A Bank of China Ltd. unit became the first Chinese company member of the London Metal Exchange, the world’s biggest metals bourse.
BOCI Global Commodities (U.K.) Ltd. was approved as a category 2 member, giving it the right to trade by phone and electronically, the LME wrote yesterday in a notice after a board meeting. G.H. Financials Ltd., based in London, was also accepted, according to a separate notice to members.
China accounts for about 39 percent of global copper usage and 42 percent of aluminum, according to Barclays Capital. Chinese customers account for more than 50 percent of LME trading, according to Arthur Fan, chief executive officer of BOCI Global Commodities. The bourse is considering takeover bids for the 135-year-old exchange after trading volume climbed to a record last year.
“China, wherever you look, is now the No. 1 consumer, producer” Robin Bhar, an analyst at Societe Generale in London, said by phone. “It only makes sense that they’ve become the members of the exchange.”
The LME now has 27 category 2 members including Goldman Sachs Group Inc. and Toyota Tsusho Corp. (8015), the trading house part-owned by Japanese carmaker Toyota Motor Corp. (7203) They don’t have access to the ring, London’s last open-outcry trading floor, which is reserved for 12 category 1 members. The bourse accepted the resignation of Phibro Ltd. as a category 2 member, it said in a separate notice yesterday. There are a total of 94 members.
Commodity Market Ties
The Bank of China is the country’s third-largest lender by assets. The bank plans to open a Chicago branch to strengthen ties with commodities markets, China Daily reported March 1. BOCI Global Commodities, owned by the Chinese bank’s BOC International Holdings Ltd. unit, was authorized by U.K. regulators in January to hold client money.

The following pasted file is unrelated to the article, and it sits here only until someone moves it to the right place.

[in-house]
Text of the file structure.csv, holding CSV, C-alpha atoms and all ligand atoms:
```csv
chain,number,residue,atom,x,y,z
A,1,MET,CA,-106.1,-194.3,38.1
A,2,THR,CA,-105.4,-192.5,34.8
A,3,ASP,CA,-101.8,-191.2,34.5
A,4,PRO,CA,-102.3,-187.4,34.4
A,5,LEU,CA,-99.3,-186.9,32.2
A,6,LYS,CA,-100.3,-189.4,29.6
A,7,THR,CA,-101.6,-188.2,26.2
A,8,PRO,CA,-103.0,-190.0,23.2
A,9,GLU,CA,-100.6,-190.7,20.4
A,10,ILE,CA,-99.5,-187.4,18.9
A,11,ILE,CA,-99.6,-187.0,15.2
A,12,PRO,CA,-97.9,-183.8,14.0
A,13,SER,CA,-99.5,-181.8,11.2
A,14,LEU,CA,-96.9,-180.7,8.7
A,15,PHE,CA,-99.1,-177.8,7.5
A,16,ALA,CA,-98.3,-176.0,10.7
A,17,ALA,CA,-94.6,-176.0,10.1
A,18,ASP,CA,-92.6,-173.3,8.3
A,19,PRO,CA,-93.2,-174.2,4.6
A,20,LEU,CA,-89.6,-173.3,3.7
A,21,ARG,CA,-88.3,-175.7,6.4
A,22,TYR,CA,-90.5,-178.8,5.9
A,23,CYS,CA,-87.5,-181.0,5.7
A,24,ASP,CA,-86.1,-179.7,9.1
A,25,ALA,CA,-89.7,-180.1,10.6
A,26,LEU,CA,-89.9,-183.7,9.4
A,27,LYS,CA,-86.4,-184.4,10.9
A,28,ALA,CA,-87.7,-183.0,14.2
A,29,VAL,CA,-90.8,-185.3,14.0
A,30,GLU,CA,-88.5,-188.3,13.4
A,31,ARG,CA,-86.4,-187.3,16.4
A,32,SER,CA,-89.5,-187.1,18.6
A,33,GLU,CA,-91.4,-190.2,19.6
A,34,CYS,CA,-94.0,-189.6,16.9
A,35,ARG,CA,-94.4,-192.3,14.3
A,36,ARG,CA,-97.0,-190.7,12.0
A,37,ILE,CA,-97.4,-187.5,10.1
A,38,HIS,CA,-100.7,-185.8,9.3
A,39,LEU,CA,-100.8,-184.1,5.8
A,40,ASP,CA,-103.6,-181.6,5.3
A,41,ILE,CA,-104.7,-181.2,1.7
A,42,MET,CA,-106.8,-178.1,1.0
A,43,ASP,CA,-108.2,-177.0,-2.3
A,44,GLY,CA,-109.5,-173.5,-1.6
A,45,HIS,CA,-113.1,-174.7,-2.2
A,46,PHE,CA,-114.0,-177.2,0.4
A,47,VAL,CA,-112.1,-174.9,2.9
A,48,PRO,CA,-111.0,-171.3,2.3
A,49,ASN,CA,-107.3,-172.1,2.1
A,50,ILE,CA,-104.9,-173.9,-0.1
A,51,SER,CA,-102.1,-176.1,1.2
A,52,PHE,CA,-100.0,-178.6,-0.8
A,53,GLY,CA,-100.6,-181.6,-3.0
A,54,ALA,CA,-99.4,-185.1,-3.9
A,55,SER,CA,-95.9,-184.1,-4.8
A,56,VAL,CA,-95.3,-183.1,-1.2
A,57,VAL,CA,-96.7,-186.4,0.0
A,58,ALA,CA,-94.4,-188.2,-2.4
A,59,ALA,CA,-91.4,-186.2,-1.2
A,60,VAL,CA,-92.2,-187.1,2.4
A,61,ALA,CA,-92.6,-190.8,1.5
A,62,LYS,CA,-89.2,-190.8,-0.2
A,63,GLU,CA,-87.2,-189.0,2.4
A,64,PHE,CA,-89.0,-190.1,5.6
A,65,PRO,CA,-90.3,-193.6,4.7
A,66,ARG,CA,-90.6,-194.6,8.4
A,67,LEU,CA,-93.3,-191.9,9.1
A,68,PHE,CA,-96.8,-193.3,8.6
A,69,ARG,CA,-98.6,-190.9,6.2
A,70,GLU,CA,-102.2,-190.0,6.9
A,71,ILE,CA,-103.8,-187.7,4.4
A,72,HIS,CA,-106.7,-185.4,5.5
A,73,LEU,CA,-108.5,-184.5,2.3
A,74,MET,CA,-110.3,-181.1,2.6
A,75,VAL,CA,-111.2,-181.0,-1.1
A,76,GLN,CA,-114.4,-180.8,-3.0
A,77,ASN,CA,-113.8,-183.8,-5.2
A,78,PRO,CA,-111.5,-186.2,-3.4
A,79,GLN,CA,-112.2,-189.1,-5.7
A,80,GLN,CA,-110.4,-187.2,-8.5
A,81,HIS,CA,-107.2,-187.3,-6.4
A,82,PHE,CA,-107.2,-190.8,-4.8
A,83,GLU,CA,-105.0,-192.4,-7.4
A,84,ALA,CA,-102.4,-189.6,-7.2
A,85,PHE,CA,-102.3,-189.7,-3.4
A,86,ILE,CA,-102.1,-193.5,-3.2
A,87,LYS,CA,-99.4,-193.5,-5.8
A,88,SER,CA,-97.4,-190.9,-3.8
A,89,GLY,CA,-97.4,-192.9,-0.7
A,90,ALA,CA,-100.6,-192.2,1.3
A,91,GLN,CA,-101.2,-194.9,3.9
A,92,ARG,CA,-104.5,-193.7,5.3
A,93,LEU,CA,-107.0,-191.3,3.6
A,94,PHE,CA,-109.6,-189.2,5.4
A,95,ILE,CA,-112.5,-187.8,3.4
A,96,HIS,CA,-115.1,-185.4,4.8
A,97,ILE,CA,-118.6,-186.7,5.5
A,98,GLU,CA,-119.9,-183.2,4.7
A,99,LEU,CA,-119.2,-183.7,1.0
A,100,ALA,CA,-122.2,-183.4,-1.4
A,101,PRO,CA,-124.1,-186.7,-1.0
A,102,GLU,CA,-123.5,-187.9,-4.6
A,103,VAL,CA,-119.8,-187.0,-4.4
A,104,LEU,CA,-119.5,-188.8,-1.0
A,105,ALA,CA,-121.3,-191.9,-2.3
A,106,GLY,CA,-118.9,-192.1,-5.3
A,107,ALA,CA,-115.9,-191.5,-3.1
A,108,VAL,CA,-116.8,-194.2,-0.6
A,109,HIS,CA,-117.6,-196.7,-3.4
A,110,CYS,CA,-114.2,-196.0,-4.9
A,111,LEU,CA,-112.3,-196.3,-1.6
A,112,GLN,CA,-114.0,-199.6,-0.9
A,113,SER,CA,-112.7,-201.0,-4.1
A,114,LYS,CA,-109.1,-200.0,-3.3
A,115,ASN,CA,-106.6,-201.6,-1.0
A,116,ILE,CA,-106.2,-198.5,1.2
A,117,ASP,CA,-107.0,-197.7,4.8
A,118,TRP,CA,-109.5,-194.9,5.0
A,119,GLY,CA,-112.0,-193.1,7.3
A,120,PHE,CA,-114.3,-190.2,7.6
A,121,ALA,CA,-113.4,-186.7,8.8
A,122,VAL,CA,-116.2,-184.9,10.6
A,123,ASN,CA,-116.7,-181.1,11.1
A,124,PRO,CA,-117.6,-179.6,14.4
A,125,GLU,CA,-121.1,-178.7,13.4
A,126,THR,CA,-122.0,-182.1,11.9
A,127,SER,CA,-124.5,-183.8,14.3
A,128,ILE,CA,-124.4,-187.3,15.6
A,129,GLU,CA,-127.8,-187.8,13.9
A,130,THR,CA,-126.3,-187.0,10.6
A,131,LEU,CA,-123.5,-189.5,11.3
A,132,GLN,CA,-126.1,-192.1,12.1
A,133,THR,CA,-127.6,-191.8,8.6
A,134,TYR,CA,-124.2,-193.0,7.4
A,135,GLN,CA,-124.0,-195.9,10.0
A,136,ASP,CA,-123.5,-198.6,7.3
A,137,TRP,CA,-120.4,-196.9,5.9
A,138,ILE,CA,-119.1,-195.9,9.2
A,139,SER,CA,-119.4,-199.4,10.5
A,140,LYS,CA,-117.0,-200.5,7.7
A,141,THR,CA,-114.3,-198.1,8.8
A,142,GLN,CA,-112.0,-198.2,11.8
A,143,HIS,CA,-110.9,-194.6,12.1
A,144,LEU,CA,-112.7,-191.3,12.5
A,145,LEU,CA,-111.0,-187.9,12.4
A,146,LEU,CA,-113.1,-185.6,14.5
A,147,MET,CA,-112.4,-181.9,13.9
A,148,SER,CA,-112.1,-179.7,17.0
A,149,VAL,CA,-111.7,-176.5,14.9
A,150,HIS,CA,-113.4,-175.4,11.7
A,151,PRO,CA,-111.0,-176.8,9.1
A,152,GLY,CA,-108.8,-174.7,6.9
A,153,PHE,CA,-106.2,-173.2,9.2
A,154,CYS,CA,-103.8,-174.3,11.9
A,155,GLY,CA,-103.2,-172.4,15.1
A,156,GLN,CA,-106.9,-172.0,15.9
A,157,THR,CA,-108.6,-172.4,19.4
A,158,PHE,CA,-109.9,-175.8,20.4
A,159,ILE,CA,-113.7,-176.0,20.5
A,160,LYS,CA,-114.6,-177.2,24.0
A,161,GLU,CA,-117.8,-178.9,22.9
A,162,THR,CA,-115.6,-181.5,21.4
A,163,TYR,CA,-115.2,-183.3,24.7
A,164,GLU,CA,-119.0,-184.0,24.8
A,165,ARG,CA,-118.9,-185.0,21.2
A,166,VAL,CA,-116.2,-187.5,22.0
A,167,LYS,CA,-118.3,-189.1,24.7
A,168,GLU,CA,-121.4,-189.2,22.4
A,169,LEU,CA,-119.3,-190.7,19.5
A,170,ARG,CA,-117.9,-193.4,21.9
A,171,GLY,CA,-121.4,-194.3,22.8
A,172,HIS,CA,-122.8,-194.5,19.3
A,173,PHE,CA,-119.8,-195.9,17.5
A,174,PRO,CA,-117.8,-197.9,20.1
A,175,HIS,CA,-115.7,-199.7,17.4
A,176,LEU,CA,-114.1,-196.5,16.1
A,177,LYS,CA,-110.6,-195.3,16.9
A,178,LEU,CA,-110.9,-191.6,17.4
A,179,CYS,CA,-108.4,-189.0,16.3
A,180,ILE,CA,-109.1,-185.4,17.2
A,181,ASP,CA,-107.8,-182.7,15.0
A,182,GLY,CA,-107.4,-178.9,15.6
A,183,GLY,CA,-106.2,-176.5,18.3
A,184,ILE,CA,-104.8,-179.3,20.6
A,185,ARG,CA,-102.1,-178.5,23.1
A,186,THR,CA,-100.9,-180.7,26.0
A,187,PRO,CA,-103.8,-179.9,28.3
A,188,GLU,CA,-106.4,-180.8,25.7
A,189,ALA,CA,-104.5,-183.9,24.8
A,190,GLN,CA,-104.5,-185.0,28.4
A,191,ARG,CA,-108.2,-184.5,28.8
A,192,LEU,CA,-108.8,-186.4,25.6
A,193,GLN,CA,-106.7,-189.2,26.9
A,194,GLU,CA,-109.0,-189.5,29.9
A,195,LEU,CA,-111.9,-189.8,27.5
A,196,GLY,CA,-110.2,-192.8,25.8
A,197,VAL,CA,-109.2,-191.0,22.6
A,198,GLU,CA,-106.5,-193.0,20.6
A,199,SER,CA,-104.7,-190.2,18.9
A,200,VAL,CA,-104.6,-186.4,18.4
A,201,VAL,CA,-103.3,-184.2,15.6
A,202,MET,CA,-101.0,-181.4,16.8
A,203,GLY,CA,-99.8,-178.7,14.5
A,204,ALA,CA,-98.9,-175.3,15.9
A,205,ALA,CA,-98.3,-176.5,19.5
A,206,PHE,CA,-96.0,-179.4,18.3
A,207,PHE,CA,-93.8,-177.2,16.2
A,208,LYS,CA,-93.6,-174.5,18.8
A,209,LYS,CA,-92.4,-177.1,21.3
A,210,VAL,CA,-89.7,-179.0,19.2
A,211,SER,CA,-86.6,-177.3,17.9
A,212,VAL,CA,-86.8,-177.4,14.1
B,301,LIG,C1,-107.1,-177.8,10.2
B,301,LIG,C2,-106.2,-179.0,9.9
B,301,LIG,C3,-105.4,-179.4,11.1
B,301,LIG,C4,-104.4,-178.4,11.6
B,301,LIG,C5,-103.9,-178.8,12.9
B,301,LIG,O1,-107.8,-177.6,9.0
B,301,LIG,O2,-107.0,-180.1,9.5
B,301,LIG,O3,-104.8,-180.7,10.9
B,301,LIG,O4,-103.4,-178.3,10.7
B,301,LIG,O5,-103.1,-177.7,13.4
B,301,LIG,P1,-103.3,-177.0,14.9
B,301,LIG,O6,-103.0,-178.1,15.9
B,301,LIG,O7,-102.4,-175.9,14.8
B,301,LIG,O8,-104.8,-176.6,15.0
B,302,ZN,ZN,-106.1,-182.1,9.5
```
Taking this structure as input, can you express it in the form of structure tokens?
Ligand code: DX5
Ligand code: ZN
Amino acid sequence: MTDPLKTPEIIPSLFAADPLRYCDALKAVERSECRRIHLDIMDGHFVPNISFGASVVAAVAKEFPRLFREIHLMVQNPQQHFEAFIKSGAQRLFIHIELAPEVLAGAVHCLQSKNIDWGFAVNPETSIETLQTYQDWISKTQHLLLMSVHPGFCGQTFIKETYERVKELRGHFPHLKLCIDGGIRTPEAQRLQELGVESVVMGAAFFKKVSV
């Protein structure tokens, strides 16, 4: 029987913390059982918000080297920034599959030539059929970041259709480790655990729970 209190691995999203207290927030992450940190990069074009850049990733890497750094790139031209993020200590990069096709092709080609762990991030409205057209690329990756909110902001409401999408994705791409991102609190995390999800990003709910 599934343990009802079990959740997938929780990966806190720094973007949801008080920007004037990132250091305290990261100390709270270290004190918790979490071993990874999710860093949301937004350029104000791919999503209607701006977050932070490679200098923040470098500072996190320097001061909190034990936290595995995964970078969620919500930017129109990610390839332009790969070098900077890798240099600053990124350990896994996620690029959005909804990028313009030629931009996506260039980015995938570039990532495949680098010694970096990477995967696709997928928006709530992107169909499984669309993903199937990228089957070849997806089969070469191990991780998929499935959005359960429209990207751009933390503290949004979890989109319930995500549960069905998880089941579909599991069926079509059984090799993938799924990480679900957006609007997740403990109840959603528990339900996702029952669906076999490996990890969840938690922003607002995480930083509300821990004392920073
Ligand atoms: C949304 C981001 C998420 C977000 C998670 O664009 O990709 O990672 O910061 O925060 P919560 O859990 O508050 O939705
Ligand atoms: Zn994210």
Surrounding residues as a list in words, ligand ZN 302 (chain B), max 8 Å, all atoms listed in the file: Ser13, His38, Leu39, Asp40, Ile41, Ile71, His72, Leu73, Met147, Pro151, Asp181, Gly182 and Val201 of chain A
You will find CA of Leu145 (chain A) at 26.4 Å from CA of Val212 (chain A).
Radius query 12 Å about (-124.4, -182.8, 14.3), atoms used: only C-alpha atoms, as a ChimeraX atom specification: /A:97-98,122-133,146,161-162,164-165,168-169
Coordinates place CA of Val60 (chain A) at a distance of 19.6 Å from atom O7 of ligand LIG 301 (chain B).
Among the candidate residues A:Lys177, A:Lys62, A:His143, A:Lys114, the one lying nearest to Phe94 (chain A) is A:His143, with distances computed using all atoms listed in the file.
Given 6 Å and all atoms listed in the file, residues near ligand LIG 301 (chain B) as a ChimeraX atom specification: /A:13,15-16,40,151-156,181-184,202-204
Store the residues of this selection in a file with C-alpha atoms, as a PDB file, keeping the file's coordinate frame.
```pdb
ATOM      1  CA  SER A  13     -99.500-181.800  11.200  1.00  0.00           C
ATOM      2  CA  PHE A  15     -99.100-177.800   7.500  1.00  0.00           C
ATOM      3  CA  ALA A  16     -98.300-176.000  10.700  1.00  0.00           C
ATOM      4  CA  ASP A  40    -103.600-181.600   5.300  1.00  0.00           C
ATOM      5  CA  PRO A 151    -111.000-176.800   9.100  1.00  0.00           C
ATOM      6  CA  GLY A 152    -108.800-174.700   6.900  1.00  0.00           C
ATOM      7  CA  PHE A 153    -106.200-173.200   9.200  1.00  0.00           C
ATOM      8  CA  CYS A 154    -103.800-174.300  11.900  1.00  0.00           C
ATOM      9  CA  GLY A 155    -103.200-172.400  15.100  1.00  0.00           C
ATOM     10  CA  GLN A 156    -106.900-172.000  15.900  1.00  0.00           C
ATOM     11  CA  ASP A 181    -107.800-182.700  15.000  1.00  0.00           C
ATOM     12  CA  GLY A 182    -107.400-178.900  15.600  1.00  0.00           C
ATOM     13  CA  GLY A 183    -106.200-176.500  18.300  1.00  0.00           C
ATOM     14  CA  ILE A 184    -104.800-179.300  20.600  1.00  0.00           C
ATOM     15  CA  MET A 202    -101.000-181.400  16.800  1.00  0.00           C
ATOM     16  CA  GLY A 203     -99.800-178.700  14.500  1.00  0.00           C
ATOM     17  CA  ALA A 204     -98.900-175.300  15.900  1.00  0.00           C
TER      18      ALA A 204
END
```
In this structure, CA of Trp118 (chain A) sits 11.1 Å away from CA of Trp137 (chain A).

BOCI Global Commodities’s metals brokerage team will employ eight people in London, Fan said by phone yesterday. The company, which is still in the process of recruiting, recently hired Lei Yao from Amalgamated Metal Trading Ltd., he said.
The bank plans to have a “positive impact” on Chinese customers and the bourse, Fan said in an interview March 29. “There will be more volume. It is a natural development for Chinese investment banks or brokers to establish an LME business.”
The LME handles more than 80 percent of industrial metals futures trading. Investors bought and sold $15.4 trillion of contracts last year, up 33 percent from 2010. The bourse opened its first Asian office in Singapore in 2010 and introduced new contracts with the Singapore Exchange Ltd. (SGX) last year to attract investors.
Bids for the LME
The LME will invite takeover offers from a “small number” of bidders by May 7. It may be worth $1.3 billion, hedge-fund adviser Equity Research Desk has said. CME Group Inc., NYSE Euronext and Intercontinental Exchange Inc. made preliminary offers, according to three people with direct knowledge of the matter.
The LME Index (LMEX) of the six main metals traded on the exchange -- copper, aluminum, nickel, zinc, lead and tin -- more than tripled in the decade through 2011 as demand from emerging markets led by China overwhelmed supply from mines. The index has risen 5.5 percent this year.
To contact the reporter on this story: Agnieszka Troszkiewicz in London at email@example.com
To contact the editor responsible for this story: John Deane at firstname.lastname@example.org